In the beginning, there were no jersey numbers. Simple. In today’s game from the U10 youth level (or even below) to the FIFA World Cup that would seem extraordinary. Numbering allows for better game and player management, quick identification and coach communication. Its part of the modern game.
Though there was some use of numbering in the early 1900s, it was the English 1933 FA Cup final which is marked the real debut of the use of shirt numbers. Everton were numbered 1-11, and Manchester City were given the numbers 12-22. In a strange twist, City decided to give goalkeeper number 22, and assigned the numbers in descending order. In 1939 numbers on the back of players’ shirts became mandatory in the English Football League although many teams had used them before.
The move to a fixed number being assigned to each player in a squad was initiated for the 1954 FIFA World Cup in Switzerland, where each man in a country’s 22-man squad wore a specific number for the duration of the tournament. Thus creating the relationship between a player and a roster number. Previous to this the jersey number had a specific relation to the position on the pitch – the obvious being the Goalkeeper was always assigned the No 1.
Though there are differing versions of number assignment, the traditional use of the numbers in a 11 a side team (on a 5-3-2 formation and we are talking in the 1960s) went something like this:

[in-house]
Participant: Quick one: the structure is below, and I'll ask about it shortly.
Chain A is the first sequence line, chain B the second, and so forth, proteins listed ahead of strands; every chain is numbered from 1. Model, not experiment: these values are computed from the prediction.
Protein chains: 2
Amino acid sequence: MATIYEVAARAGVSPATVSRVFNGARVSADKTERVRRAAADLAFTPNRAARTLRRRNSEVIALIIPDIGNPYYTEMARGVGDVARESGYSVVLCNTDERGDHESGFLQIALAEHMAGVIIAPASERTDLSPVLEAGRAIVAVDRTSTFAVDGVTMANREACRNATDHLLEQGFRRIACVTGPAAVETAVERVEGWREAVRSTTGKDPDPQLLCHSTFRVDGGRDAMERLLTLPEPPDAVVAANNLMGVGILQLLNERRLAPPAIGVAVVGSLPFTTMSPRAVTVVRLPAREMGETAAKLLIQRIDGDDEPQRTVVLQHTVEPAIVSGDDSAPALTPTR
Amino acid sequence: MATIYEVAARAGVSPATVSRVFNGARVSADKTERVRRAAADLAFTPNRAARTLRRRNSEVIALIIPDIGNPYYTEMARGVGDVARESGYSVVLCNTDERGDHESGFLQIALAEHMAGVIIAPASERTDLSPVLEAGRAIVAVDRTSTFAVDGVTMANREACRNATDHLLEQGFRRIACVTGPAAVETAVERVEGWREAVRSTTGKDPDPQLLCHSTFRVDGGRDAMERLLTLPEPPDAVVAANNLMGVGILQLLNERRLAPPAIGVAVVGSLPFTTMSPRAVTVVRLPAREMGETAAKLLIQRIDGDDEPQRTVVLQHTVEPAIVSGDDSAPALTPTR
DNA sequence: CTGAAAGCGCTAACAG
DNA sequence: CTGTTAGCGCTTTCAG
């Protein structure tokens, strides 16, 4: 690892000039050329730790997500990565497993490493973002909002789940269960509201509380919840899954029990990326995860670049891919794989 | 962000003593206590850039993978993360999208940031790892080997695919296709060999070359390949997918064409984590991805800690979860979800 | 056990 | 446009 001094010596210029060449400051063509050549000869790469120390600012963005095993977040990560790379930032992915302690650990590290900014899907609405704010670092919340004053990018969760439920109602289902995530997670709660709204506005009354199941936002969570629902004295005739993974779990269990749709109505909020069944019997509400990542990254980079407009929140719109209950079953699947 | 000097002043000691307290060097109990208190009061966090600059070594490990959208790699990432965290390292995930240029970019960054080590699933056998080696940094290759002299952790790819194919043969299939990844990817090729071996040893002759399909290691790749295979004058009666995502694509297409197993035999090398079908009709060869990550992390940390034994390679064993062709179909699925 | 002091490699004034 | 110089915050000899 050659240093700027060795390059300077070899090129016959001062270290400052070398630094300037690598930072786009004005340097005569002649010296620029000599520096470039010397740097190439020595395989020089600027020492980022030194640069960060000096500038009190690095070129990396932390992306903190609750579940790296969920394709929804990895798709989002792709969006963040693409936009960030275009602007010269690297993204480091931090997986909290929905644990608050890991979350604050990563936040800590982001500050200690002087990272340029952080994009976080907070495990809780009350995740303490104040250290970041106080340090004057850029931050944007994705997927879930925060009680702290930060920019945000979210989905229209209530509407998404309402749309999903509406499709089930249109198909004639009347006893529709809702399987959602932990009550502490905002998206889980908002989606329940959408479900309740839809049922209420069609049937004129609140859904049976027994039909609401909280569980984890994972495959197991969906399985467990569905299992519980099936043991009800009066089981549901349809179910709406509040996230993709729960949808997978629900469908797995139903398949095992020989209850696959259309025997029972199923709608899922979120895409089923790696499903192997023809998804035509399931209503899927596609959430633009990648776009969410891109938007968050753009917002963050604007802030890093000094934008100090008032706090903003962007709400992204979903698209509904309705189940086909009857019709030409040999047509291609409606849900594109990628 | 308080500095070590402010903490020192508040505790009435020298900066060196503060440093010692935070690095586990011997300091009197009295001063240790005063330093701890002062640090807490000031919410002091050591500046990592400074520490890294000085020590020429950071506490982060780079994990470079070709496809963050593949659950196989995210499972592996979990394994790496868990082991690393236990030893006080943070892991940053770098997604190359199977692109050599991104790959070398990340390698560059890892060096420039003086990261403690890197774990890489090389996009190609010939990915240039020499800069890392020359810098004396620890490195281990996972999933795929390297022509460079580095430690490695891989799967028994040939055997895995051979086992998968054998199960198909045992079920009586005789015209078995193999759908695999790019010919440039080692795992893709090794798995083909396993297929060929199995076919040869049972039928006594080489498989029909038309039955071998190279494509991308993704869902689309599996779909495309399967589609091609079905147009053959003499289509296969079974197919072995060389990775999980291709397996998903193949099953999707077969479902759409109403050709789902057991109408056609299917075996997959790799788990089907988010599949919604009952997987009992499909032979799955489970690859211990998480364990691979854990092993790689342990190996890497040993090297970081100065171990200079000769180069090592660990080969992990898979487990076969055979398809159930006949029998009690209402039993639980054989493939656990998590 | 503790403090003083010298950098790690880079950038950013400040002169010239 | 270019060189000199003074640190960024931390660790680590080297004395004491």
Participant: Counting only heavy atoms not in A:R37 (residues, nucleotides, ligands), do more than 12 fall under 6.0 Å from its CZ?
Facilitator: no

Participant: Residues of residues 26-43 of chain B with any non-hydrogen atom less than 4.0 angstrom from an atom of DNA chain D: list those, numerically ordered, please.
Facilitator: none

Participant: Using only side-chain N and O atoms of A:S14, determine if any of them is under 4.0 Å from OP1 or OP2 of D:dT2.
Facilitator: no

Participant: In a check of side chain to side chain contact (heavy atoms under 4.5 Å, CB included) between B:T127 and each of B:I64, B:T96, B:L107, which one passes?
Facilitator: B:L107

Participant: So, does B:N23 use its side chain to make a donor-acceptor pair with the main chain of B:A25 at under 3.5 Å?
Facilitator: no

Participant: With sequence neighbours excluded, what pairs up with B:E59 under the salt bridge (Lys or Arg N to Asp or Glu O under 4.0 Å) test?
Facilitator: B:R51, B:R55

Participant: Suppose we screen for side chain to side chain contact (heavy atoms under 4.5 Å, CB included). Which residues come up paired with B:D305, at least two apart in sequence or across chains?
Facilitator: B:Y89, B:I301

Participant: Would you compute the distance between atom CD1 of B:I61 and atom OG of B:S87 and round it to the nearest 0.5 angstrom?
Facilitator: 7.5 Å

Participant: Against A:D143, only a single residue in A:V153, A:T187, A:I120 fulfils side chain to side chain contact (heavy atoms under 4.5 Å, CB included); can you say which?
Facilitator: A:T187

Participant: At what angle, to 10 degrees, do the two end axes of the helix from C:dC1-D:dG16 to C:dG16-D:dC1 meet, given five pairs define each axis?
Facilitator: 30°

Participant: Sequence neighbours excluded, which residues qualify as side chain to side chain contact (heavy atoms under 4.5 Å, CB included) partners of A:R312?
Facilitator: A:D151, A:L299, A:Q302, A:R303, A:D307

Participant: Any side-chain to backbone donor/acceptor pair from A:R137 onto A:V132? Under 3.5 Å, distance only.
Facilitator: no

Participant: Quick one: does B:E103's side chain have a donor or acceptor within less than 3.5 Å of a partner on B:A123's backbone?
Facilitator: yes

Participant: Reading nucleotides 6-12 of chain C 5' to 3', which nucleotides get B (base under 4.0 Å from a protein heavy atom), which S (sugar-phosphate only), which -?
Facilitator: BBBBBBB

1 = Goalkeeper
2 = Right Fullback
3 = Left Fullback
4 = Centre Half/Back
5 = Centre Half/Back
6 = Centre Half/Back
7 = Right Wing/Midfield
8 = Centre Midfield.
9 = Centre Forward
10 = Centre Forward
11 = Left Wing/Midfield
In the 1978 and 1982 FIFA World Cups Argentina decided to allocate jersey numbers on an alphabetical basis to their players. This resulted in the great playmaker Osvaldo Ardiles donning the No 1 jersey, Maradonna ended up with No 10. Superstition
In 1993, England’s Football Association switched to persistent squad numbers, abandoning the mandatory use of 1–11 for the starting line-up. It became standard in the FA Premier League in the 1993-94 season, with names printed above the numbers. Most European top leagues adopted the system over the next five years and today few soccer teams from 10 year old up don’t have assigned jersey numbers to players.